Assad is no sucker

What lessons from the WMD investigations and invasions of Iraq and Libya apply to the Syria deal?

By
September 17, 2013 06:46
2 minute read.
Bashar Assad gives an interview to Russian TV

Bashar Assad gives an interview to Russian TV 370. (photo credit: Reuters)

The Western intervention in Syria seems to be following the form of those in Iraq and Libya, both of which were subjected to UN-backed investigation regimes for some time, followed by Western- led military attacks and the toppling of their respective dictatorships.

The agreement to disarm and make nice with the West did not get former Libyan leader Muammar Gaddafi very far, getting killed amid a Western-led attack on his country in 2011. Saddam Hussein was able to last longer, defying the UN sanctions every step of the way, but eventually they weakened the country’s economy and military, easing the way for such an attack.

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However, it would be unlikely that the West would launch an attack against a nuclear armed North Korea, China, or Pakistan. And we can add Iran to that group if they gain a nuclear capability.

It seems to make more sense for Syrian President Bashar Assad to try to hang on until either Iran goes nuclear and it falls under the protection of its ally, or to cling onto some chemical weapons that it can use if the rebels are closing in around him.

Sanctions on Iraq, imposed in 1990 after the country invaded Kuwait, lasted until 2003 after Saddam Hussein was toppled from power.

Inspectors came and went while the sanctions helped degrade the country’s military capabilities.

Libya, which had been under sanctions for years because of its involvement in terrorism and its nuclear weapons program, agreed to disarm and in 2004, the US removed materials and documents related to the country’s nuclear and missile programs.

During the 2011 war in Libya, led by the French and the British, and backed by the US, there was no worry about the use of weapons of mass destruction since Gaddafi had been mostly disarmed from his most powerful munitions.

Now in Syria, a similar story seems to be repeating itself, the international community, through the UN and the acquiescence of Russia and China, is imposing a new inspection and disarmament regime. Will Assad voluntarily disarm – weakening his forces and deterrence for a Western attack? The international political system tends to express itself through the UN, even when states decide to wage war against other states or nonstate actors without direct authorization.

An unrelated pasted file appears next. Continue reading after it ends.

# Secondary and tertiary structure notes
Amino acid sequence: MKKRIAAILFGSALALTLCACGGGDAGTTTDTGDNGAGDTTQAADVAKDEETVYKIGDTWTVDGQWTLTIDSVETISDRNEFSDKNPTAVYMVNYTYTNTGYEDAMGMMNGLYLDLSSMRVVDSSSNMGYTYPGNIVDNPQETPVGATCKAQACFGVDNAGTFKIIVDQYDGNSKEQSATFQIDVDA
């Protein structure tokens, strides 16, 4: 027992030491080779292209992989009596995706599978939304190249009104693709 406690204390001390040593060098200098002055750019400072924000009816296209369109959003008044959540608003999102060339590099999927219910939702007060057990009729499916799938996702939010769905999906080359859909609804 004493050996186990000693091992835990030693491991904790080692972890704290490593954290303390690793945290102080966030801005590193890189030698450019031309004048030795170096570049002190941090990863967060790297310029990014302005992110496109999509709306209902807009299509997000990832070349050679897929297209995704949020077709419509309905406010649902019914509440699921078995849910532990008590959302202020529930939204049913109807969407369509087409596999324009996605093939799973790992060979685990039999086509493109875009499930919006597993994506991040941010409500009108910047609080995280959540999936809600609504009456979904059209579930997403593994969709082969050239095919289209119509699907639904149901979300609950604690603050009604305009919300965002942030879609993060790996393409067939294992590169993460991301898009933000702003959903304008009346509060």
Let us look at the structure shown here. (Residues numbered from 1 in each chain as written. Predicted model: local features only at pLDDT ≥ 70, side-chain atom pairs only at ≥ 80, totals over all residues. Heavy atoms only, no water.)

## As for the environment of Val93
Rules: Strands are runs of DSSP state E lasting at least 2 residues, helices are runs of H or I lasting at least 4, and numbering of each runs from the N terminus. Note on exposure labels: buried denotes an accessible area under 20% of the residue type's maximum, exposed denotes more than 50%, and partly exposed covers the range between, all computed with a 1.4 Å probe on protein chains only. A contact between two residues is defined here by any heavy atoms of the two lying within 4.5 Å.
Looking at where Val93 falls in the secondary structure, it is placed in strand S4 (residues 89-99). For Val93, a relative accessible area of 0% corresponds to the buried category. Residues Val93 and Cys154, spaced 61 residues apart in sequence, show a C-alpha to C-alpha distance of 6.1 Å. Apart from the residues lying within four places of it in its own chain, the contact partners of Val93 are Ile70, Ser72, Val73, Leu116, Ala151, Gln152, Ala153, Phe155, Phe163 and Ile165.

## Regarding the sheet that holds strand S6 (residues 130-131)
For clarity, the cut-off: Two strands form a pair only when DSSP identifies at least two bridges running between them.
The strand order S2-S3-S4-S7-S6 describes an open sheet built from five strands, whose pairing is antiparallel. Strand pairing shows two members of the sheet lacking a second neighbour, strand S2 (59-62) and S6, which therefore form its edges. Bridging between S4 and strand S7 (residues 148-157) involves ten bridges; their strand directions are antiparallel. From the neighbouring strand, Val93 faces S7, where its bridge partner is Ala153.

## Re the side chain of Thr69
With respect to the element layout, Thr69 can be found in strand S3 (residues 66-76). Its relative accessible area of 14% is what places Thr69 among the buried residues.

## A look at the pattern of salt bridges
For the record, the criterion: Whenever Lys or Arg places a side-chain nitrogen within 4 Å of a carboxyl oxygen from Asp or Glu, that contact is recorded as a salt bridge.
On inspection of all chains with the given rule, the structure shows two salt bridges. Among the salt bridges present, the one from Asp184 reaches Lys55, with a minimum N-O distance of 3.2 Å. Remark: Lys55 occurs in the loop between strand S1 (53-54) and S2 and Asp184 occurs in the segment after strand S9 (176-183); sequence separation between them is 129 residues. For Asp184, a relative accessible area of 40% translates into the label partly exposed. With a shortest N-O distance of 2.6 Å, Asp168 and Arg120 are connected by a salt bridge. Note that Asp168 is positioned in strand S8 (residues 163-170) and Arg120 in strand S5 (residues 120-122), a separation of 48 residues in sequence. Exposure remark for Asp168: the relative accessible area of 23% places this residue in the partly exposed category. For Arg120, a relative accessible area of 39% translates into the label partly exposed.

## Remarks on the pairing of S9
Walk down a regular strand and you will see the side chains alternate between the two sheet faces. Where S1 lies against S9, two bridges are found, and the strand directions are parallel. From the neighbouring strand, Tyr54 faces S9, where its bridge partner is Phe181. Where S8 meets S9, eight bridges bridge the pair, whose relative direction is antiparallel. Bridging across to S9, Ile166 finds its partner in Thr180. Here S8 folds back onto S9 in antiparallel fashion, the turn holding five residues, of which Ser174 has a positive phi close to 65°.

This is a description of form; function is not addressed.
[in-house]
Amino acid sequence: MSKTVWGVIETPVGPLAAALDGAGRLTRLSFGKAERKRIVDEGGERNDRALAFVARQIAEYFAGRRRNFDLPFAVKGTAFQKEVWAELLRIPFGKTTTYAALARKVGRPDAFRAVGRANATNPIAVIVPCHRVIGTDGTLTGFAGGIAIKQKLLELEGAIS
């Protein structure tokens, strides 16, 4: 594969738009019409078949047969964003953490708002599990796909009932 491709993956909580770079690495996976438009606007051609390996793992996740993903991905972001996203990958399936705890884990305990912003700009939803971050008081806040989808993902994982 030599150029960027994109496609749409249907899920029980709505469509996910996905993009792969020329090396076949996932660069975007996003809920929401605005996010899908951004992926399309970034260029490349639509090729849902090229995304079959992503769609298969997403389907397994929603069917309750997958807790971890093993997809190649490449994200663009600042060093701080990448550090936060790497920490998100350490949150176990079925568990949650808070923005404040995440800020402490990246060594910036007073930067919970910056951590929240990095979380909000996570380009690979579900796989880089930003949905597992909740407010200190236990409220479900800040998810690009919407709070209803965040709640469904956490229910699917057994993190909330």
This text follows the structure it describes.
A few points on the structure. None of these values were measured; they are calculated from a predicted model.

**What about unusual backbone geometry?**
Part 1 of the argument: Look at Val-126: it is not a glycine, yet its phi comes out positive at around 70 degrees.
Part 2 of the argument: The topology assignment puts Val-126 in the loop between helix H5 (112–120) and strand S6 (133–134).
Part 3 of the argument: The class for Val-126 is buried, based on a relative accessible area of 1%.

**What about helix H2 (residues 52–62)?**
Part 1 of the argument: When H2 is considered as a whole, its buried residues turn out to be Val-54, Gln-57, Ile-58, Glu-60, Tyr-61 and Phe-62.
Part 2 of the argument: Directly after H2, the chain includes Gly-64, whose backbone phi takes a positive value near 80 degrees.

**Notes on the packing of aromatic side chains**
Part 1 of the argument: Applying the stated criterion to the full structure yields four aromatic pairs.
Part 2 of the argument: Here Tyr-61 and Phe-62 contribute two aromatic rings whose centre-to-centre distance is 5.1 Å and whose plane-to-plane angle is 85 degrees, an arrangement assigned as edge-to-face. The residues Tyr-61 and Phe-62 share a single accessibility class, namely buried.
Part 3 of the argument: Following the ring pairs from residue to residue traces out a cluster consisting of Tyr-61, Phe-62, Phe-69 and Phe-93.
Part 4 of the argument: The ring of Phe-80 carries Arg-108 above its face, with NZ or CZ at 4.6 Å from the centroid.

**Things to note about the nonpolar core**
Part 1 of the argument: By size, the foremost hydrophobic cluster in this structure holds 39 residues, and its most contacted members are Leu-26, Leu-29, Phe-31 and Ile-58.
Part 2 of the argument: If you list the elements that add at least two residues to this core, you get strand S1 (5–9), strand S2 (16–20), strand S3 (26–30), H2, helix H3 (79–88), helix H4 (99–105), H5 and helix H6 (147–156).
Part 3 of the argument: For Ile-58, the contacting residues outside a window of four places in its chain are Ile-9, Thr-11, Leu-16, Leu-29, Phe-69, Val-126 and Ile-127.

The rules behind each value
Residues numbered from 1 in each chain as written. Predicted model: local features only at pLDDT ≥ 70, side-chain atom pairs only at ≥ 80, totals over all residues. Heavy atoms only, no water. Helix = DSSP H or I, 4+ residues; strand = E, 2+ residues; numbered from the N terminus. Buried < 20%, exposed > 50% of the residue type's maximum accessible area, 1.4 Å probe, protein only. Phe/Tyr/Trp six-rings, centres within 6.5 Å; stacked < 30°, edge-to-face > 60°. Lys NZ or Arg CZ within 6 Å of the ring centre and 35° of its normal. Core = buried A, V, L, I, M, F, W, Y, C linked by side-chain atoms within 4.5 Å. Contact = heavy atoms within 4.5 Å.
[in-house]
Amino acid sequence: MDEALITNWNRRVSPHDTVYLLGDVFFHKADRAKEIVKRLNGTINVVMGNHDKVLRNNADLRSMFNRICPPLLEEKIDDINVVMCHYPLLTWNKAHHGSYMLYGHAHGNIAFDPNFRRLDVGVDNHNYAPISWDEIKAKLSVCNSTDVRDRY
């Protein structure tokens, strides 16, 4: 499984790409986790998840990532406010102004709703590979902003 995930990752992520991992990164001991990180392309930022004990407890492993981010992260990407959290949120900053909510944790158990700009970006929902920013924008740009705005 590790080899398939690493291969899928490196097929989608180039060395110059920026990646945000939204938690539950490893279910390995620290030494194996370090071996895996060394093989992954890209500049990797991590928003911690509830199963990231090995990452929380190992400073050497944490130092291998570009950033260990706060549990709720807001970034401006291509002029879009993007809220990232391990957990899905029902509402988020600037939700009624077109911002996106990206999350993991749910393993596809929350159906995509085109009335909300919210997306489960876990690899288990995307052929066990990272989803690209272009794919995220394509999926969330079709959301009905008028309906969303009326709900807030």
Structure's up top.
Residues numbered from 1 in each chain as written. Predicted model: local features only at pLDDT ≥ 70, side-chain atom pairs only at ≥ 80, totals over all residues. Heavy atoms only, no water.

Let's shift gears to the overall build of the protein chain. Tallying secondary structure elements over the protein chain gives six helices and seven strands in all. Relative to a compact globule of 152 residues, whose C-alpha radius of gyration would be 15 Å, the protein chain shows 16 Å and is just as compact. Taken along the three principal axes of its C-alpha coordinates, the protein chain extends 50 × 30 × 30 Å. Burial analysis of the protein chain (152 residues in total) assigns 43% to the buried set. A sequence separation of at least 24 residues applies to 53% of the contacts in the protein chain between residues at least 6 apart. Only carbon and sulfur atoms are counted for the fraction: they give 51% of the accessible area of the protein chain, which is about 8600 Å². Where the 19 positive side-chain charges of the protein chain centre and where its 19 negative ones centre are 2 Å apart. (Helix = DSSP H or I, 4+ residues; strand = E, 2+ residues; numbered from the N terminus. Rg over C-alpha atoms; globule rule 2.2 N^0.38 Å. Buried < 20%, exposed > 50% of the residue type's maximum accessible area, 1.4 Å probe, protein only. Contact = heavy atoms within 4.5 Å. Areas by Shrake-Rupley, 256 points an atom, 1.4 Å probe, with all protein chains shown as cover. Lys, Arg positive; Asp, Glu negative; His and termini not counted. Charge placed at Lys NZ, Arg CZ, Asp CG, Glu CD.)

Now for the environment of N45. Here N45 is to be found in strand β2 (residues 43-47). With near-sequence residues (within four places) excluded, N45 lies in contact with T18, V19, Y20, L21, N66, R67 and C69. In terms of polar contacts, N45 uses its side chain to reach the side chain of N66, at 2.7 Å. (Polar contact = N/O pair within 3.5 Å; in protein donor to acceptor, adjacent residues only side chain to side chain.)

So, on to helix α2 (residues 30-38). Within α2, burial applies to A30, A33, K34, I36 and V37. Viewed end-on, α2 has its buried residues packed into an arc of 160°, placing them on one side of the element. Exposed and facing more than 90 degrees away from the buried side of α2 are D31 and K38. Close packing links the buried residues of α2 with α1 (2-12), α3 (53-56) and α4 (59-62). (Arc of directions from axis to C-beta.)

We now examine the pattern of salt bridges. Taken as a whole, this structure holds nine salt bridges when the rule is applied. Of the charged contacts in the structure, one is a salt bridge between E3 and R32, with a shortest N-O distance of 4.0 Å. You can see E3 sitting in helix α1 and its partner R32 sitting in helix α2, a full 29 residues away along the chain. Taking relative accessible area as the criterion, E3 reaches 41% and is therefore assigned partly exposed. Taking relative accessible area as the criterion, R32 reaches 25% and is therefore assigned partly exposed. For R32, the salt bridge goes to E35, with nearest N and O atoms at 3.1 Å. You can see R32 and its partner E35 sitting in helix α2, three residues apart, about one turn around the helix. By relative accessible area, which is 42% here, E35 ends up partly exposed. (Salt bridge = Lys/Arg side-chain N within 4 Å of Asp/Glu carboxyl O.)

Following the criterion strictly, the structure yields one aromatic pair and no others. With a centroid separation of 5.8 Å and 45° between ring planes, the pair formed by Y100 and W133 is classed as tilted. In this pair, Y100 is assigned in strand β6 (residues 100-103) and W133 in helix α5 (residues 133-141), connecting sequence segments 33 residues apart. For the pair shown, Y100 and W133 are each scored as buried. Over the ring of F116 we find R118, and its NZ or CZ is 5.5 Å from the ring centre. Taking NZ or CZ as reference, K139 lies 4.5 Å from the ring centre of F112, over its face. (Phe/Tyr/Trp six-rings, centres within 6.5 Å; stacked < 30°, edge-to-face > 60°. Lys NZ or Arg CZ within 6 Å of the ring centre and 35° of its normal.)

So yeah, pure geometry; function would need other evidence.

When George W. Bush led the US to war against Iraq in 2003 after years of UN sanctions and nuclear inspections, he did so without receiving UN approval pursuant to Chapter VII of the UN Charter, which authorizes military force. Russia and China, two of the veto wielding powers of the five permanent members of the UN Security Council, blocked any clear authorization as they are doing with Syria.

The US formed a coalition of the willing against Iraq to avoid the obstacle of UN opposition. And today, a similar coalition was underway until the attack was temporarily called off to pursue the traditional UN sanctions/ inspections regime.

Other problems with this route are that the inspections are not 100 percent accurate. Yellow cake uranium leftover from the country's nuclear program and chemical weapons were found in Libya after the fall of Gaddafi, meaning that even though there was an agreement, some weapons fell through the cracks.

Another issue is that the UN sanctions and disarmament is likely to drag on as Assad obstructs or quibbles over the terms of the agreement. Assad is no sucker.


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